Late last month, the CDC came under further scrutiny, in this case regarding their updated mask guidance. It turned out that one of the studies they’d used to justify their guidance had not been peer-reviewed and was based on a COVID19 vaccine that had not been used in the U.S.

Well, would you believe that some Republican members of Congress zeroed in on that? Reps. Elise Stefanik, Kevin McCarthy, and Dan Crenshaw were among those raising red flags about the CDC’s apparently dubiously sourced mask guidance.

And Washington Post Fact Checker Glenn Kessler is not about to let them get away with that:

“The GOP’s attack.” Republicans Pounce™ on the CDC for using an insufficiently vetted study as a basis for their mask guidance for the United States!

Here’s how Kessler’s fact-check concludes:

Stefanik sets a high bar during a pandemic to suggest that all studies used for policymaking should be peer reviewed. McCarthy also cited the fact that the paper was not peer-reviewed. Crenshaw noted that the paper was initially rejected under peer review, which turns out to be correct.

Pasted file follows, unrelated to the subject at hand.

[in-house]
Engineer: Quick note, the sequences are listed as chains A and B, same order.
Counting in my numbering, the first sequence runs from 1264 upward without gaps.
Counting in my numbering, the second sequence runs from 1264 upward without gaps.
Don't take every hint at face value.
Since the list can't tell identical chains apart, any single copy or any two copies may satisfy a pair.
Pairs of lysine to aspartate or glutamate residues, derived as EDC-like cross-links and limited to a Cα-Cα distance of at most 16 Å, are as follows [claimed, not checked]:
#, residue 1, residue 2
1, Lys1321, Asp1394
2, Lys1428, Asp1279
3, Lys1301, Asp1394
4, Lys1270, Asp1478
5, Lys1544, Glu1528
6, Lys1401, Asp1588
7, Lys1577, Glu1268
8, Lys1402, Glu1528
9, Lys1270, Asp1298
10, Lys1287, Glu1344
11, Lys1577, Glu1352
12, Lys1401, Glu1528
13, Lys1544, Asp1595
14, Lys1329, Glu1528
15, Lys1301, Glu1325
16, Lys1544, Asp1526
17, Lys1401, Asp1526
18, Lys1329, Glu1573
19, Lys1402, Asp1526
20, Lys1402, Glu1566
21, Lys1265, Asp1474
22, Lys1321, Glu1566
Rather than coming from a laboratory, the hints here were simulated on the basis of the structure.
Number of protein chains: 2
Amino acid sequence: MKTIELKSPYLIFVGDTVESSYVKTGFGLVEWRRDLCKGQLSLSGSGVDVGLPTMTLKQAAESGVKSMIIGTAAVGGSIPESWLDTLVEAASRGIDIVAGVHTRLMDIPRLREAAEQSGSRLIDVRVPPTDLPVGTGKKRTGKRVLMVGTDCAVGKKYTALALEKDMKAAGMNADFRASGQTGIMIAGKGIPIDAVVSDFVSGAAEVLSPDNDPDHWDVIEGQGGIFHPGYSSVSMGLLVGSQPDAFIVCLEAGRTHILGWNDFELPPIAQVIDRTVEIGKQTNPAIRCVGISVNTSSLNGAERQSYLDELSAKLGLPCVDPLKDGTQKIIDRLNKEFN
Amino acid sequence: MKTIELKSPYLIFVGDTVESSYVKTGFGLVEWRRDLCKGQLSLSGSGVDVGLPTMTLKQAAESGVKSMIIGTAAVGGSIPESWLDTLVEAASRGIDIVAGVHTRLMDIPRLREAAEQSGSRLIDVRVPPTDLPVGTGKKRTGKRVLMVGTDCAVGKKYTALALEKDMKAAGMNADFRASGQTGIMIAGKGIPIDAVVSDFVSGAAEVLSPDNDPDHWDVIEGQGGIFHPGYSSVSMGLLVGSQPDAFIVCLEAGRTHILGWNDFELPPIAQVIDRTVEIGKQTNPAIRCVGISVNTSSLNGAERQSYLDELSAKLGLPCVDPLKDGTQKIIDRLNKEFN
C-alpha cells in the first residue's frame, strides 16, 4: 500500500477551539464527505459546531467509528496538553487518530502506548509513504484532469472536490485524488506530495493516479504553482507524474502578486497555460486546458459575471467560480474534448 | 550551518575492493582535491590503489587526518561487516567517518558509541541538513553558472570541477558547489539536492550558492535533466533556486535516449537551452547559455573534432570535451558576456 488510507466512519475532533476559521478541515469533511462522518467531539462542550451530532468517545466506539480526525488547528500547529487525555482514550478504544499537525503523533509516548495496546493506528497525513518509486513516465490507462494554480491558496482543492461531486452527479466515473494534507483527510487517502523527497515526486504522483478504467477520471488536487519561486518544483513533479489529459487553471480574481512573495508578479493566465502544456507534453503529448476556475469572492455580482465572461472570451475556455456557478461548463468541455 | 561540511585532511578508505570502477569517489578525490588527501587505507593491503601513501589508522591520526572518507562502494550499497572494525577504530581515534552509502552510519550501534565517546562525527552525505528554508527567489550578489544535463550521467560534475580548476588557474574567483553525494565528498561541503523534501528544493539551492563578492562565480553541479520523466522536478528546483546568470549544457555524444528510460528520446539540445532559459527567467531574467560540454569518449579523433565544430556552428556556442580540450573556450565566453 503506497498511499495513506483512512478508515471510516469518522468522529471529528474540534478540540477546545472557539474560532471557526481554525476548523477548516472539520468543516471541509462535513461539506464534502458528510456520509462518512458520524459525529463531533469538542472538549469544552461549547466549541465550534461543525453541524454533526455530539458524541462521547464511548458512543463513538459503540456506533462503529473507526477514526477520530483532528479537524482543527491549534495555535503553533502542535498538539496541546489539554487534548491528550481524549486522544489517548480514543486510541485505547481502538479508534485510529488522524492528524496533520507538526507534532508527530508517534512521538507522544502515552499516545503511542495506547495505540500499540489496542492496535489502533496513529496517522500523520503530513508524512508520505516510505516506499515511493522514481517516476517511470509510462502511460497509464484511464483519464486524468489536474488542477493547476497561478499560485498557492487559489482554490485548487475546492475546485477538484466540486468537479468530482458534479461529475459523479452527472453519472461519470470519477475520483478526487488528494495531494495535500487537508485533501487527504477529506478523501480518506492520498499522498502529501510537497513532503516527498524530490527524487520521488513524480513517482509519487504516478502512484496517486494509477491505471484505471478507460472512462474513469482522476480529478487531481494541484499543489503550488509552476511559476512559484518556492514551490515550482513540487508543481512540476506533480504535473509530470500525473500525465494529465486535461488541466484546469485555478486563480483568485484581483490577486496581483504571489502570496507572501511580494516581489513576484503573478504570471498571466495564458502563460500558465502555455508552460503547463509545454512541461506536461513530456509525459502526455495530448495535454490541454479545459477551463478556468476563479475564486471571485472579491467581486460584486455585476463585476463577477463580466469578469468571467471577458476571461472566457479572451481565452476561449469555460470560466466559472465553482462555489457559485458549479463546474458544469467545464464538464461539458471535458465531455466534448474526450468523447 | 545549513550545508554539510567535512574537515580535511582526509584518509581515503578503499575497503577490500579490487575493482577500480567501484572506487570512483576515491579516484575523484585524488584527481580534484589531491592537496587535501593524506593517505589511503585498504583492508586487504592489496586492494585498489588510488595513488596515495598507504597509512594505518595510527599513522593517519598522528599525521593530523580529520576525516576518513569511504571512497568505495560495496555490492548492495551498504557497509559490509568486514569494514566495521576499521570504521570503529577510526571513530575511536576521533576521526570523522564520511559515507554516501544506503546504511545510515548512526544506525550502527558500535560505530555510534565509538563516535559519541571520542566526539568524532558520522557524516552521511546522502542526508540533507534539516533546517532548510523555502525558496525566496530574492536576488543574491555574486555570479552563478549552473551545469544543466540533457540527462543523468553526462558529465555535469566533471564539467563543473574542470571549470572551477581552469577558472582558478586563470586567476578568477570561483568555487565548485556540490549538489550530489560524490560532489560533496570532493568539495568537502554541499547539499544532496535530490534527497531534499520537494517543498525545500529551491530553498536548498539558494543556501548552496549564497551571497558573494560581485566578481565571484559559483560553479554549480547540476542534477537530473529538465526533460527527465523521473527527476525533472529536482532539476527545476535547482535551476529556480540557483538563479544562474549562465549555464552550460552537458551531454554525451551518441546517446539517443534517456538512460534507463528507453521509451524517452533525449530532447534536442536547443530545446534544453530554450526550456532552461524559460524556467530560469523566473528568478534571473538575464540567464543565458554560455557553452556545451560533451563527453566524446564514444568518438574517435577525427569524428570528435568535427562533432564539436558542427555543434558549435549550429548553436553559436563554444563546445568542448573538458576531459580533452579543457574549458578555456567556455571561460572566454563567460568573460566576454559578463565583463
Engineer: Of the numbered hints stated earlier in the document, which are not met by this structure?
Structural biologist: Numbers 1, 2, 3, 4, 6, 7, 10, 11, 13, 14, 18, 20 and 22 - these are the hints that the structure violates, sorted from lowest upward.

To some extent, it’s a matter of opinion about whether scientific studies that have not yet been approved for publication should inform policymaking. The CDC presumably reviews the data and makes its own assessment, just like any peer reviewer. But the agency invites pointed questions when it unveils a new policy without disclosing rock-solid data to support it.

Given this issue involves a mix of opinion and legitimate disputes about scientific research, we will leave these statements unrated.

In other words, Stefanik, McCarthy, and Crenshaw’s criticisms of the CDC were valid and warranted, because the CDC pretty clearly screwed up. So was it an “attack,” Glenn? Or justified pushback against an agency that’s been assigned far too much power and credibility with far too little solid scientific ground to stand on?

Oh yeah, Kessler himself followed up his initial “GOP’s attack” tweet by with another highlighting the flawed study and the CDC’s ill advised embrace of it:

And after all that, the best Kessler can do is leave “the GOP’s attack” unrated? Pathetic. And so very, very on-brand.